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Industry sponsorship and publication bias among animal studies evaluating the effects of statins on atherosclerosis and bone outcomes: a meta-analysis

Overview of attention for article published in BMC Medical Research Methodology, March 2015
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  • In the top 25% of all research outputs scored by Altmetric
  • High Attention Score compared to outputs of the same age (90th percentile)

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2 tweeters

Citations

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11 Dimensions

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24 Mendeley
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Title
Industry sponsorship and publication bias among animal studies evaluating the effects of statins on atherosclerosis and bone outcomes: a meta-analysis
Published in
BMC Medical Research Methodology, March 2015
DOI 10.1186/s12874-015-0008-z
Pubmed ID
Authors

Andrew T Anglemyer, David Krauth, Lisa Bero

Abstract

The effect that sponsorship has on publication rates or overall effect estimates in animal studies is unclear, though methodological biases are prevalent in animal studies of statins and there may be differences in efficacy estimates between industry and non-industry sponsored studies. In the present analysis, we evaluated the impact of funding source on publication bias in animal studies estimating the effect of statins on atherosclerosis and bone outcomes. We conducted two independent systematic reviews and meta-analyses identifying animal studies evaluating the effect of statins on reducing the risk of atherosclerosis outcomes (n = 49) and increasing the likelihood of beneficial bone outcomes (n = 45). After stratifying the included studies within each systematic review by funding source, three separate analyses were employed to assess publication bias in these meta-analyses-funnel plots, Egger's Linear Regression, and the Trim and Fill methods. We found potential evidence of publication bias, primarily in non-industry sponsored studies. In all 3 assessments of publication bias, we found evidence of publication bias in non-industry sponsored studies, while in industry-sponsored studies publication bias was not evident in funnel plots and Egger's regression tests. We also found that inadequate reporting of sponsorship in animal studies is still exceedingly common. In meta-analyses assessing the effects of statins on atherosclerosis and bone outcomes in animal studies, we found evidence of publication bias, though small numbers of industry-sponsored studies limit the interpretation of the trim-and-fill results. This publication bias is more prominent in non-industry sponsored studies. Industry and non-industry funded researchers may have different incentives for publication. Industry may have a financial interest to publish all preclinical animal studies to maximize the success of subsequent trials in humans, whereas non-industry funded academics may prefer to publish high impact statistically significant results only. Differences in previously published effect estimates between industry- and non-industry sponsored animal studies may be partially explained by publication bias.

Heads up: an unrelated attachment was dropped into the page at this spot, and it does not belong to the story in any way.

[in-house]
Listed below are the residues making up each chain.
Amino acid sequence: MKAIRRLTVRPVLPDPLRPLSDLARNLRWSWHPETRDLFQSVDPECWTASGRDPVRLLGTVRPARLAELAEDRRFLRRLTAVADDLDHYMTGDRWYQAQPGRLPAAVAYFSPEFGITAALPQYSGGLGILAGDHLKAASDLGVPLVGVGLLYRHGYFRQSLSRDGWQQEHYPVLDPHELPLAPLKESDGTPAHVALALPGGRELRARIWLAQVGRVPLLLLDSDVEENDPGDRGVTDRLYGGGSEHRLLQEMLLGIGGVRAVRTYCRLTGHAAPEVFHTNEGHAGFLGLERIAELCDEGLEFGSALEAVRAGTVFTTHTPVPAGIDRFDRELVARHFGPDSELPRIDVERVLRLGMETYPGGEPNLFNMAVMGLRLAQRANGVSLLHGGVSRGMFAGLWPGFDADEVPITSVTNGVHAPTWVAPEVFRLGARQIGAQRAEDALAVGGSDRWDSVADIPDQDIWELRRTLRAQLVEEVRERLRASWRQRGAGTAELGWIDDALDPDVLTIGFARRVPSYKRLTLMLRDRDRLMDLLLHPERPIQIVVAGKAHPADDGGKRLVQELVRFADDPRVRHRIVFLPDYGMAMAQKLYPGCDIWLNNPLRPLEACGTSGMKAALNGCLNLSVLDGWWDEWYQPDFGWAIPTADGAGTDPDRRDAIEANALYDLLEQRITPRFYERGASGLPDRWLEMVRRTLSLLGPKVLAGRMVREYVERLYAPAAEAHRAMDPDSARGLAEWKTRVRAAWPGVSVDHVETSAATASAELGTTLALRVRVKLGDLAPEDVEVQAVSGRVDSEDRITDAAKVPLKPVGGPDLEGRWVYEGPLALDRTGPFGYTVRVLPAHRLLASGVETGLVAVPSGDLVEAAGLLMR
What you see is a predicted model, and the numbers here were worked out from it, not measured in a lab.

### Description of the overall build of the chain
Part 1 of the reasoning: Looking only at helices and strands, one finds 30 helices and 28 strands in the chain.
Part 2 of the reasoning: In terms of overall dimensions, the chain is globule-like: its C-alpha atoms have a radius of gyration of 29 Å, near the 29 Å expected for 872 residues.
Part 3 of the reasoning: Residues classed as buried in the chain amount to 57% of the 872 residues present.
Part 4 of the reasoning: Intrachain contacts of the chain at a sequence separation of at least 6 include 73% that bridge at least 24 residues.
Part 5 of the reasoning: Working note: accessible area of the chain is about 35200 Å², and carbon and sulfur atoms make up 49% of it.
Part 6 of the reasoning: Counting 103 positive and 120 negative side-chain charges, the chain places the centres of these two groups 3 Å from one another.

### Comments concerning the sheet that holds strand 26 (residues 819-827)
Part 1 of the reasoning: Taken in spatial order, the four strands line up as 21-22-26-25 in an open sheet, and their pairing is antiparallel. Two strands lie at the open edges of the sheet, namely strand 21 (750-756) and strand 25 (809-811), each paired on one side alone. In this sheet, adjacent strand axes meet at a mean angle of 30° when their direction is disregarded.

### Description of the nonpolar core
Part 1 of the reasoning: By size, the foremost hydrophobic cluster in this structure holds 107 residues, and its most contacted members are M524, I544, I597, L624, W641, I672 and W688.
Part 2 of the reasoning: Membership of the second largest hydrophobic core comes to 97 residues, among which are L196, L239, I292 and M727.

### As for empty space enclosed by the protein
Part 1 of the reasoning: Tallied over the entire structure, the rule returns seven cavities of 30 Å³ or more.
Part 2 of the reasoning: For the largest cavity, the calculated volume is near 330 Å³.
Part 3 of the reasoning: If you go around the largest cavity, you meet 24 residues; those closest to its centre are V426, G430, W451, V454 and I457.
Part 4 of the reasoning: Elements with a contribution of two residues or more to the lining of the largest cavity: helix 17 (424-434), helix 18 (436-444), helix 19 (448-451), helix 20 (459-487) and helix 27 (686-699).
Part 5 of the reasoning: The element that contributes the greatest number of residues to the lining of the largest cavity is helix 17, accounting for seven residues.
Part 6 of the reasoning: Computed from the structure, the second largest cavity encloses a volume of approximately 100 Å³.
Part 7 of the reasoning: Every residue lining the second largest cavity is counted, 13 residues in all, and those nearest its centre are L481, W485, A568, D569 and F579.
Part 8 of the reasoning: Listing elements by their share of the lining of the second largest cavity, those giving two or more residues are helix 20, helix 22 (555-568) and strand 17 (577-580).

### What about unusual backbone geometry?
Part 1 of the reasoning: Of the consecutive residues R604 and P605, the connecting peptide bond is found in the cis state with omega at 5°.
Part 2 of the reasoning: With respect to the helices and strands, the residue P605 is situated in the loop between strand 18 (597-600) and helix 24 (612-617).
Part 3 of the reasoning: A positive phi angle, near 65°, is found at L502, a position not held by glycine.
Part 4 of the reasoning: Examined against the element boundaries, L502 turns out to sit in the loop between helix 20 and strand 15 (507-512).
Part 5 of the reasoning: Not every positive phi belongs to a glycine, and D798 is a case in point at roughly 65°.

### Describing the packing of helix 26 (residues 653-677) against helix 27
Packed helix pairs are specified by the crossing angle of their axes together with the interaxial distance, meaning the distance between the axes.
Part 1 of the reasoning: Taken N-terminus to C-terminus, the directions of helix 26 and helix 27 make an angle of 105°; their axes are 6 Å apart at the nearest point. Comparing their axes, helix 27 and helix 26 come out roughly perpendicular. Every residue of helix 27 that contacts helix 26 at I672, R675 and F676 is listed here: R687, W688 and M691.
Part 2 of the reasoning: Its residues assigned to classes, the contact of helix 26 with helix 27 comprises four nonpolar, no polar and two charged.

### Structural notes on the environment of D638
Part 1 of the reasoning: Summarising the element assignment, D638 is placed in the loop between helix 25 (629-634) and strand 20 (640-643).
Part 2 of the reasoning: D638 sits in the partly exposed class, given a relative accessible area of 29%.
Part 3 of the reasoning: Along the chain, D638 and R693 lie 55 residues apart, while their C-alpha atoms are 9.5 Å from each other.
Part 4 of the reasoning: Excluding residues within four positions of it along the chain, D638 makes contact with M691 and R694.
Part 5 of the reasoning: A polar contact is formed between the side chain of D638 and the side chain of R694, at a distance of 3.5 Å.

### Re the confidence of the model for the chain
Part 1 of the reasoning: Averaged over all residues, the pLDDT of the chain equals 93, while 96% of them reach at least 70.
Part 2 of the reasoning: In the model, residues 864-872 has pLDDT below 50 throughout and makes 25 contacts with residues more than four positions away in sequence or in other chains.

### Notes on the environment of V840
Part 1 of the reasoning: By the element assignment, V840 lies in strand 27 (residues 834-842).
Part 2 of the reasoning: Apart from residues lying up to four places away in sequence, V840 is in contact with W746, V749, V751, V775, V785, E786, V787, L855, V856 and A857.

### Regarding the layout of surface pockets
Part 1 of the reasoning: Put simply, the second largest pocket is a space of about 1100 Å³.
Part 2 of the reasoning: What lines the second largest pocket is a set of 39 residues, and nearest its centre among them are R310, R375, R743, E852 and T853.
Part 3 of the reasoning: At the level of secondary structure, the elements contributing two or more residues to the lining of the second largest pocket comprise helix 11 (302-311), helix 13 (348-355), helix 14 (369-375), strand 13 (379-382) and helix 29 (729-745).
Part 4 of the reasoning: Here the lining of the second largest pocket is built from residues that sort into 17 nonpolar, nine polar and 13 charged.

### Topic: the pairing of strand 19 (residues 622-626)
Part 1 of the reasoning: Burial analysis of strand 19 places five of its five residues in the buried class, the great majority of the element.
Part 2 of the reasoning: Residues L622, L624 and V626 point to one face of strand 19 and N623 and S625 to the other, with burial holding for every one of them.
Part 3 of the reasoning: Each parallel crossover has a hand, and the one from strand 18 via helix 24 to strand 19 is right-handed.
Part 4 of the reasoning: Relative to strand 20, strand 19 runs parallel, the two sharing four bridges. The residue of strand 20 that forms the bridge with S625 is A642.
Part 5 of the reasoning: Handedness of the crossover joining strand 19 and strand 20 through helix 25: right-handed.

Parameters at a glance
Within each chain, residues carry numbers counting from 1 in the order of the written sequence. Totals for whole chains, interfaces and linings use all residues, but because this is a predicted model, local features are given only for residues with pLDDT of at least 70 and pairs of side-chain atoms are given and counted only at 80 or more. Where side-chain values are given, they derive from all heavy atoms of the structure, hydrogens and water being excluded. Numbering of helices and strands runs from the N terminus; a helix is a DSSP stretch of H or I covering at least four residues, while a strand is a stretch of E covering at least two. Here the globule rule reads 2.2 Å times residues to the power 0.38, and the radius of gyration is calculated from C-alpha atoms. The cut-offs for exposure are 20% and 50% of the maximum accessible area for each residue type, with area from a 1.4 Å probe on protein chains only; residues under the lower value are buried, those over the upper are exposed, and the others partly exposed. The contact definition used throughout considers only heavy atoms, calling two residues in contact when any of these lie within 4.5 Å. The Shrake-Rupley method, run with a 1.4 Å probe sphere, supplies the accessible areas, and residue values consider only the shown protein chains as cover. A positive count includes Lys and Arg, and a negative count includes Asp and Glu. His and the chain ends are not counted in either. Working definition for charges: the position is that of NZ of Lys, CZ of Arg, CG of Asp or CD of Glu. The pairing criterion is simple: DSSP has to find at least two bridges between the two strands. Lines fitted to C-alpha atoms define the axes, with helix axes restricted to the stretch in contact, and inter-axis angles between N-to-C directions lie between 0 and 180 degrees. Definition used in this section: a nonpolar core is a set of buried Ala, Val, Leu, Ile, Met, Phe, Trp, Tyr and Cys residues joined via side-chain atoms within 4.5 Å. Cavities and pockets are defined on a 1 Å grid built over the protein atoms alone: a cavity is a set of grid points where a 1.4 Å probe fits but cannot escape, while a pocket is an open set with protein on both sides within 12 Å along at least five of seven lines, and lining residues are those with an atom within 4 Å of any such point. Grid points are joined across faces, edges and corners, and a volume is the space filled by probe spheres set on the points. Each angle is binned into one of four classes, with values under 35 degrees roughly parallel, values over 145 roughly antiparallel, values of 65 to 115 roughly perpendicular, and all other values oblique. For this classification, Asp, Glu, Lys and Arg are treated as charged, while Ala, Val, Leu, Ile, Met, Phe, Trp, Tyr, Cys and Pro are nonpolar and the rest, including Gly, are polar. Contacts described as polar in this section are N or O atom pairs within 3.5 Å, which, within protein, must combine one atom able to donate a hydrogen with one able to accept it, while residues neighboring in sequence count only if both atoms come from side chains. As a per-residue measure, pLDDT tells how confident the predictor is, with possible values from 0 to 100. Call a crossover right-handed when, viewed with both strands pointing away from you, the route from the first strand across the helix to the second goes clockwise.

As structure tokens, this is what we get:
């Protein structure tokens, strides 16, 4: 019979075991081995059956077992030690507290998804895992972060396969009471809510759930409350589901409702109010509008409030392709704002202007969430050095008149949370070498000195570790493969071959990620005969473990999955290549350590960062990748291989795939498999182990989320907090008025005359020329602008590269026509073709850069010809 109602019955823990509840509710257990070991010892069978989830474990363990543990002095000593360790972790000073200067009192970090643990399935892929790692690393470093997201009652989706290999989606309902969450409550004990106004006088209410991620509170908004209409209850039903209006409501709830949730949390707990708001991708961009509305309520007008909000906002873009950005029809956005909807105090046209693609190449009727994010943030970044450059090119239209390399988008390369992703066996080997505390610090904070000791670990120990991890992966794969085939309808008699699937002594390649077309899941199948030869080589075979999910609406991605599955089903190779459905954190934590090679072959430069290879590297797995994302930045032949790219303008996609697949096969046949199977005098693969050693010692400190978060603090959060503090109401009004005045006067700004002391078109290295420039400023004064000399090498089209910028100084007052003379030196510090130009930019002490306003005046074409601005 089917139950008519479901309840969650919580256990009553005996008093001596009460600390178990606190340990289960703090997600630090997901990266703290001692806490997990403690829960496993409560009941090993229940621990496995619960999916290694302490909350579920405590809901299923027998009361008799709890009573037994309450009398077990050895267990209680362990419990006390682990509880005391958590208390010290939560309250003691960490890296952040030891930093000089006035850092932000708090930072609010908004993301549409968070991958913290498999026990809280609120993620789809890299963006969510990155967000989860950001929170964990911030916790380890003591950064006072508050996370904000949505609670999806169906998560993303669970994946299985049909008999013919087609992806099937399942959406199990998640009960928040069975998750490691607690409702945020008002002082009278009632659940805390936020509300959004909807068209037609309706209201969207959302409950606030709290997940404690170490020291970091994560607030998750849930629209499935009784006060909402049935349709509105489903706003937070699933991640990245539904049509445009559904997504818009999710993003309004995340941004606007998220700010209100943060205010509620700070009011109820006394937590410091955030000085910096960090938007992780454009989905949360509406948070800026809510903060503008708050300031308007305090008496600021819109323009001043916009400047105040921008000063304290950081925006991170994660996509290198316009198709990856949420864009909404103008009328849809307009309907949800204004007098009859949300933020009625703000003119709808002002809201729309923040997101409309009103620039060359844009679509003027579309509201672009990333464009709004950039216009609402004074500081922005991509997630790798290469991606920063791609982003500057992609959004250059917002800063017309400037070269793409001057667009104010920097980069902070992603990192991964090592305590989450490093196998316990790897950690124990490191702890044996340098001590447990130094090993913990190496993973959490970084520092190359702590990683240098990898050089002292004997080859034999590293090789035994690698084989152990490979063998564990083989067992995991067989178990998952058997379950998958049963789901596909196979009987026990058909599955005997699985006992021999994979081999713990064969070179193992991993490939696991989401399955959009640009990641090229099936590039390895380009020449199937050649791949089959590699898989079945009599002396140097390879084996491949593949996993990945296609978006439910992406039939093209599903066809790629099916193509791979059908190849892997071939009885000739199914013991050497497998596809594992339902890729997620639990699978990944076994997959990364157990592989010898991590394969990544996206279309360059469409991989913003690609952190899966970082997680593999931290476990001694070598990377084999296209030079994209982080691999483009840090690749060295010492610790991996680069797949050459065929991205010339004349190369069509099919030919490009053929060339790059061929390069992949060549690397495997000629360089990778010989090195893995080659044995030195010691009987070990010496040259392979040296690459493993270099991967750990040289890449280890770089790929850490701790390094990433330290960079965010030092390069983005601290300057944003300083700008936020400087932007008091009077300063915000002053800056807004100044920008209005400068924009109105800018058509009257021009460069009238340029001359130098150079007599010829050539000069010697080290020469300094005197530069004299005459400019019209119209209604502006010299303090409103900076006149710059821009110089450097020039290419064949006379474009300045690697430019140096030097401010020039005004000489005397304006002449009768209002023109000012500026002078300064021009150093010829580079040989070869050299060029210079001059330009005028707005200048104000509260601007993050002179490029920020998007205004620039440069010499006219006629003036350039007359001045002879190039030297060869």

Twitter Demographics

The data shown below were collected from the profiles of 2 tweeters who shared this research output. Click here to find out more about how the information was compiled.

Mendeley readers

The data shown below were compiled from readership statistics for 24 Mendeley readers of this research output. Click here to see the associated Mendeley record.

Geographical breakdown

Country Count As %
Unknown 24 100%

Demographic breakdown

Readers by professional status Count As %
Researcher 7 29%
Student > Bachelor 3 13%
Student > Master 3 13%
Student > Doctoral Student 2 8%
Professor > Associate Professor 2 8%
Other 5 21%
Unknown 2 8%
Readers by discipline Count As %
Medicine and Dentistry 9 38%
Agricultural and Biological Sciences 3 13%
Pharmacology, Toxicology and Pharmaceutical Science 2 8%
Biochemistry, Genetics and Molecular Biology 1 4%
Computer Science 1 4%
Other 3 13%
Unknown 5 21%

Attention Score in Context

This research output has an Altmetric Attention Score of 18. This is our high-level measure of the quality and quantity of online attention that it has received. This Attention Score, as well as the ranking and number of research outputs shown below, was calculated when the research output was last mentioned on 01 November 2016.
All research outputs
#1,268,139
of 17,356,510 outputs
Outputs from BMC Medical Research Methodology
#194
of 1,610 outputs
Outputs of similar age
#20,142
of 222,957 outputs
Outputs of similar age from BMC Medical Research Methodology
#1
of 1 outputs
Altmetric has tracked 17,356,510 research outputs across all sources so far. Compared to these this one has done particularly well and is in the 92nd percentile: it's in the top 10% of all research outputs ever tracked by Altmetric.
So far Altmetric has tracked 1,610 research outputs from this source. They typically receive more attention than average, with a mean Attention Score of 9.9. This one has done well, scoring higher than 87% of its peers.
Older research outputs will score higher simply because they've had more time to accumulate mentions. To account for age we can compare this Altmetric Attention Score to the 222,957 tracked outputs that were published within six weeks on either side of this one in any source. This one has done particularly well, scoring higher than 90% of its contemporaries.
We're also able to compare this research output to 1 others from the same source and published within six weeks on either side of this one. This one has scored higher than all of them